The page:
“Since the 2008 Russian invasion, Georgia has practically become a military vacuum, lacking such basic defensive equipment as anti-tank rocket-propelled grenades or air defenses, while facing massive Russian forces, and devoid of strategic depth. US policy is generally described as an undeclared arms embargo on Georgia, ruling out purely defensive items, including non-lethal equipment. In practical terms, this policy takes the form of stalling on requests submitted by Georgia or by US companies willing to work with Georgia. Without rejecting them outright, the State Department and Pentagon have simply not been acting on such requests during the last two years. The default policy seems to be one of neither denying nor approving.”

‘U.S. Policy on Defense Assistance to Georgia: Neither Yes or No, Perhaps Sometimes’

‘Russia Inhibits U.S. Defense Assistance to Georgia’

‘Russia, muster missiles to Georgia’

28 September, 2010

The Georgian Arms Embargo

Obama and Hillary Clinton talk tough on Georgia, but in reality they are appeasers. Even though Russia is the recognised aggressor in the 2008 war, under the U.S./Russia “reset” it’s Georgia that’s being punished. Georgia can’t even buy blank ammunition from the U.S. to train their own troops with, let alone the defensive weapons they need! It’s obscene, considering Putin acted just like Hitler when he launched his imperialist adventure into Georgia, and Russian troops still occupy Georgian territory, in breach of the ceasefire agreement. If Obama and Hillary can’t, or won’t, back up their strong words with deeds then they should at least be honest about it. If only John McCain were president right now. He would at least ensure that Georgia could defend itself, and have a good deterrent against a future attack.

“As the JDW (Jane’s Defence Weekly) correspondent pointed out, “Other Georgian officials expressed their frustration with the situation by pointing out that ‘the US even prohibits the sale to us of blank ammunition to be used for training. Obviously pushing the ‘reset’ button with Russia is more important than our military.’” So, the infamous ‘re-set’ is again the center of the problem, with Russia being given veto power by Washington over arms sales to Georgia.”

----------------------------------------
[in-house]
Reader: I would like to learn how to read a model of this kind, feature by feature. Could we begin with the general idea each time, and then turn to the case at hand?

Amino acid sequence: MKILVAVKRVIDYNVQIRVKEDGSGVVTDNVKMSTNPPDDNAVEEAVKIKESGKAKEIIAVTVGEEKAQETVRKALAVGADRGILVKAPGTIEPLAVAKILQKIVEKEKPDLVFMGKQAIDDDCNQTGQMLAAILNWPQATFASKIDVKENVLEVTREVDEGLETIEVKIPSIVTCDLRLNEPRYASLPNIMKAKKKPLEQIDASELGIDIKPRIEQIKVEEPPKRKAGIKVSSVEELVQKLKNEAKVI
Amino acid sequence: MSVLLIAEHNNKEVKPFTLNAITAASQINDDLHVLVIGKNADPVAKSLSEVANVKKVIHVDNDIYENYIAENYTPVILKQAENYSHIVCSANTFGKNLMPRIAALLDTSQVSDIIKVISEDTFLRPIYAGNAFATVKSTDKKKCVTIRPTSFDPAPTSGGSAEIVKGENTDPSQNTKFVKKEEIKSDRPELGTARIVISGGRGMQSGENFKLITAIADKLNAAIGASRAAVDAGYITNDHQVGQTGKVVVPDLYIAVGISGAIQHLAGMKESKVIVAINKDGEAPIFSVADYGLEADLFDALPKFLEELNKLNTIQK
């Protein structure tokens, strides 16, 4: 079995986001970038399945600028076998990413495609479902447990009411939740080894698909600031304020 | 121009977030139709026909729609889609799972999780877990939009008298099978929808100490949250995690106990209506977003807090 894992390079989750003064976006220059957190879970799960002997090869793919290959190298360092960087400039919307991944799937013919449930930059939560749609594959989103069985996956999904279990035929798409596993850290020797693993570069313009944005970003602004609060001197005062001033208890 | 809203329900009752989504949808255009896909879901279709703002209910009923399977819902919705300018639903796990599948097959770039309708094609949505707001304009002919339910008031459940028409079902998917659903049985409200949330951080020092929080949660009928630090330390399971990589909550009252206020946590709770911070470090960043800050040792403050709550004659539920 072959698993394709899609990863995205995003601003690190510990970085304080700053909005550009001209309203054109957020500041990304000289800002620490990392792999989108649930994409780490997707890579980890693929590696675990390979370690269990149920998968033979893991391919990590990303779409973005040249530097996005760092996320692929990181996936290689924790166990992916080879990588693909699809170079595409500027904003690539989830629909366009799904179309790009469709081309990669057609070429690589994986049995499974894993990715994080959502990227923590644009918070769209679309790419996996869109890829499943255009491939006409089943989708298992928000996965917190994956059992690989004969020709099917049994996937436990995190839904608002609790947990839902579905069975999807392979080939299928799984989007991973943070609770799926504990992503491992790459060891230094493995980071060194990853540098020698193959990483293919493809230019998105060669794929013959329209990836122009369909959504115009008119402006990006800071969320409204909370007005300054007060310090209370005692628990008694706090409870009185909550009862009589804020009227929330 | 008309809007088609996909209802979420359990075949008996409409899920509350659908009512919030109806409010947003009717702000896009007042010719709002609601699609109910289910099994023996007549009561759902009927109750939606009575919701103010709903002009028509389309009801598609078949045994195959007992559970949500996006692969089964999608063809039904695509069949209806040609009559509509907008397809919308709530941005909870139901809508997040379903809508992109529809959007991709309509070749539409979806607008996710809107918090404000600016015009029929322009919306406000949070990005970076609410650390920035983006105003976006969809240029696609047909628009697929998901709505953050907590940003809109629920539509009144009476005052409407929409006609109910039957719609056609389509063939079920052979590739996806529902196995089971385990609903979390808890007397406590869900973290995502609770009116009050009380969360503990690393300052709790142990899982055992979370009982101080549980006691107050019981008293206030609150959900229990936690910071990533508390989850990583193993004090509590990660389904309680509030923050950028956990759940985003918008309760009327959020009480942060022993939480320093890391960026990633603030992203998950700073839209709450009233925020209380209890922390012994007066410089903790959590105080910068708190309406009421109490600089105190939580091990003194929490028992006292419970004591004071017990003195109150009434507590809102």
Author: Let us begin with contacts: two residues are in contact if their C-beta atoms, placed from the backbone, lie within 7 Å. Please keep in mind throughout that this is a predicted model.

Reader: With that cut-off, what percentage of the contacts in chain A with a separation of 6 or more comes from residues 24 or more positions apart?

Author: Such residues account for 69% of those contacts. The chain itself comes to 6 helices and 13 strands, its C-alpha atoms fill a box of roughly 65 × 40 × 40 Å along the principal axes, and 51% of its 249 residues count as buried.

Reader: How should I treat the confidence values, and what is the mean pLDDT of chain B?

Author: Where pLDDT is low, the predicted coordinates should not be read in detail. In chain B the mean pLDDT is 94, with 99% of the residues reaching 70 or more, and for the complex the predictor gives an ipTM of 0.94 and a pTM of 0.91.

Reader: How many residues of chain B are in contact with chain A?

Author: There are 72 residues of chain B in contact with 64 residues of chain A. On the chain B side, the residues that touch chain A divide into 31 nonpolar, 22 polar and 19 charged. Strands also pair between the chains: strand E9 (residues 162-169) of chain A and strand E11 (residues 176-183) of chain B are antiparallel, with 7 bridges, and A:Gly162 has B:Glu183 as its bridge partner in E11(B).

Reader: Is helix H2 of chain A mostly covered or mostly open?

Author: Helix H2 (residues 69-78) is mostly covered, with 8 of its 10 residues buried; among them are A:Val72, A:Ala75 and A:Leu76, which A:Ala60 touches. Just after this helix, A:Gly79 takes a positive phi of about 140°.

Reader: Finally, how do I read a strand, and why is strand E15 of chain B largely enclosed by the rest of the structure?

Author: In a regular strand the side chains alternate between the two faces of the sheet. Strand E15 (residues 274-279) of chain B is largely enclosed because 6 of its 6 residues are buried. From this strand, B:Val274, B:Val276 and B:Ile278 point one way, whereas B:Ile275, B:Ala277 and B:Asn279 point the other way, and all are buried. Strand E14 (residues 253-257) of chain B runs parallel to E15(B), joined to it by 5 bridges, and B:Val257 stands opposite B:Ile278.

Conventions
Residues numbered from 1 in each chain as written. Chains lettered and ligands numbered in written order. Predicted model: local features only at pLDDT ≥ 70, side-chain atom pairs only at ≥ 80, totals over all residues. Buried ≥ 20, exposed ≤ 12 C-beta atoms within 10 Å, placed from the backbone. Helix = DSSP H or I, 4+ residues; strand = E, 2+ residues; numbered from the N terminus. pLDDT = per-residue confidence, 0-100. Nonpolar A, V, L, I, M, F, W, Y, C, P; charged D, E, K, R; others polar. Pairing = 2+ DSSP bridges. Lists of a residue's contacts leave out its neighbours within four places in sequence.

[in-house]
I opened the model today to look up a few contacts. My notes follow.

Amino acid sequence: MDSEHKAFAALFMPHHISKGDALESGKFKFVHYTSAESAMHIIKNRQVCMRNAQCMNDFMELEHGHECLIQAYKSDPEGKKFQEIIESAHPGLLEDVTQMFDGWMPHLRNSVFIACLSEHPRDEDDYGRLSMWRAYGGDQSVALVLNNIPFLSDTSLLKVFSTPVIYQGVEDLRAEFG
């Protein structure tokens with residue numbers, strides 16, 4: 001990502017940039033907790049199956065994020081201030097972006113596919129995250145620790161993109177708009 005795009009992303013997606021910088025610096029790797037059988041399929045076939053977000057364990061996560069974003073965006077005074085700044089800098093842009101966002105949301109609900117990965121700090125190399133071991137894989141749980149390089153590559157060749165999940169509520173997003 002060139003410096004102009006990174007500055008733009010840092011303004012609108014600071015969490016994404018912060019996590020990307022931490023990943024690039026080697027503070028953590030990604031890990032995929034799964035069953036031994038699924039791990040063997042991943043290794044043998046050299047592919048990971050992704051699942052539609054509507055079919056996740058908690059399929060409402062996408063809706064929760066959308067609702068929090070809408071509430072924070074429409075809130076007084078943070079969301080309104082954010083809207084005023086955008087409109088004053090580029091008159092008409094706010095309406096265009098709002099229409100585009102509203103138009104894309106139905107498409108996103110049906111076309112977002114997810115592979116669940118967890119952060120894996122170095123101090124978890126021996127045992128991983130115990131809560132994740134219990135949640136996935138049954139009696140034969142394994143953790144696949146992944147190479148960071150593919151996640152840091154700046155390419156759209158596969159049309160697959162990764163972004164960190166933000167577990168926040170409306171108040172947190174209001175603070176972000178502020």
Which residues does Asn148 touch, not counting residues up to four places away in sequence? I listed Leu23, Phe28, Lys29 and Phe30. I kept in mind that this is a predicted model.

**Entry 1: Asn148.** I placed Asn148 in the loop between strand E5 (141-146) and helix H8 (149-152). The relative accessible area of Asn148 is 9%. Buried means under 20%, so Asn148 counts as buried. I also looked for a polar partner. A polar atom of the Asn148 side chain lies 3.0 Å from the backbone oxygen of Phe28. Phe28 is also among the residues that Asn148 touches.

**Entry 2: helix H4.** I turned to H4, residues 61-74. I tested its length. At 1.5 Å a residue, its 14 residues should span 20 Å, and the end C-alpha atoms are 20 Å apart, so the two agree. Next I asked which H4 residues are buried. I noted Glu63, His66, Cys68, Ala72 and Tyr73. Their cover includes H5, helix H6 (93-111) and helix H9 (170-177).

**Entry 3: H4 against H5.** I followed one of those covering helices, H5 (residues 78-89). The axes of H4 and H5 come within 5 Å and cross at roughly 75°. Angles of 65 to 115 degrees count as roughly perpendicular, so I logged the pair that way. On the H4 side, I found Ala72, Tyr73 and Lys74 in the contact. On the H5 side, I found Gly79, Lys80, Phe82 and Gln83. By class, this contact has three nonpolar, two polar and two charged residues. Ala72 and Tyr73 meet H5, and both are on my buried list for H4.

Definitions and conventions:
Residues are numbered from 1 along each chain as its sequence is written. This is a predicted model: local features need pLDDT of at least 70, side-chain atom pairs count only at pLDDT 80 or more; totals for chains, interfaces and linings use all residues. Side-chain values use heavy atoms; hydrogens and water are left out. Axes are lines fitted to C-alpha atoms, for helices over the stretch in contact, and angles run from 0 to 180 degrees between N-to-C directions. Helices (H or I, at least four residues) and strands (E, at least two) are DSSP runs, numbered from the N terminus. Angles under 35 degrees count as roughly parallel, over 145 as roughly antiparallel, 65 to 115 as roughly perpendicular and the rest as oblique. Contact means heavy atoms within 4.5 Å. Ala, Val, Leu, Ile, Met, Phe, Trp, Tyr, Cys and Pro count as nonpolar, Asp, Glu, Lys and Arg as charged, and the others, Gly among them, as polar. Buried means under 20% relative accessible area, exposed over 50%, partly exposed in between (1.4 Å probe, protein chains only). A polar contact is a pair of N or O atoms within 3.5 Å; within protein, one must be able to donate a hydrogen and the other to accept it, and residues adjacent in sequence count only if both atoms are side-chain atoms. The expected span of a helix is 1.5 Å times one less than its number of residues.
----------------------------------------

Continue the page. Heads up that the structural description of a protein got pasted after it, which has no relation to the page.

‘What Signal Does Washington’s Arms Embargo against Georgia Tell us About US Policy towards Ukraine?’

17 July, 2010

Georgia’s Struggle

Georgia has been struggling to find defensive weapons since the 2008 war with Russia, due to the following: Israel is under too much international pressure, and therefore is unable to supply more arms; Ukraine is run by a pro-Russian stooge, Viktor Yanukovych, who has cut off relations with them; France is too busy doing deals with the Russians (selling them four Mistral class vessels), ensuring that the Russkies have an effective amphibious assault force; and the U.S. is holding back from supplying Georgia with defensive weapons, such as surface to air missiles.

Georgia should have the right to defend itself, but the reality is that Putin’s paranoia and ambition to reassert Russia’s “sphere of influence” is making things very, very complicated in the region. The Georgians have continued to make great sacrifices for the West, sending hundreds of troops to Afghanistan, and thousands to Iraq. They deserve to have that sacrifice rewarded.

“During a visit to Paris June 7-8, the Georgian president Mikhail Saakachvili presented several requests for military materiel. Paris is currently negotiating the sale of four Mistral class amphibious assault vessels and is therefore less well disposed to sell arms to Georgia than it was three years ago (see p.5 ). In 2007, France was ready to sell Gowind corvettes to Tbilisi as well as ground-to-air and anti-tank missiles.

Israel, which was Georgia’s principal supplier of arms until the conflict with Russia in 2008, has also stepped back from its former client and prefers dealing with Moscow. Last year, the Israeli defence ministry authorised Israel Aerospace Industries (IAI) to sell four drones, along with a ground station, to the Russian frontier police for $50 million (IOL 610 ). Moscow is currently negotiating the acquisition of several other drones from IAI. The Kremlin has another efficacious means of bringing pressure to bear on Israel: the sale of the S-300 ground-to-air missile to Iran, a deal that is frozen but that could be reactivated at any moment.

Ukraine, the last country to have sold military materiel to Georgia, has had a pro-Russian president since the election of Viktor Yanukovych in February, and it has since cut off relations with Tbilisi. Last year, Kiev was still in the throes of negotiating the sale of Osa and Buk ground-to-air missiles, Kolchuga-M radar systems and BTR-70DI armoured transport vehicles.”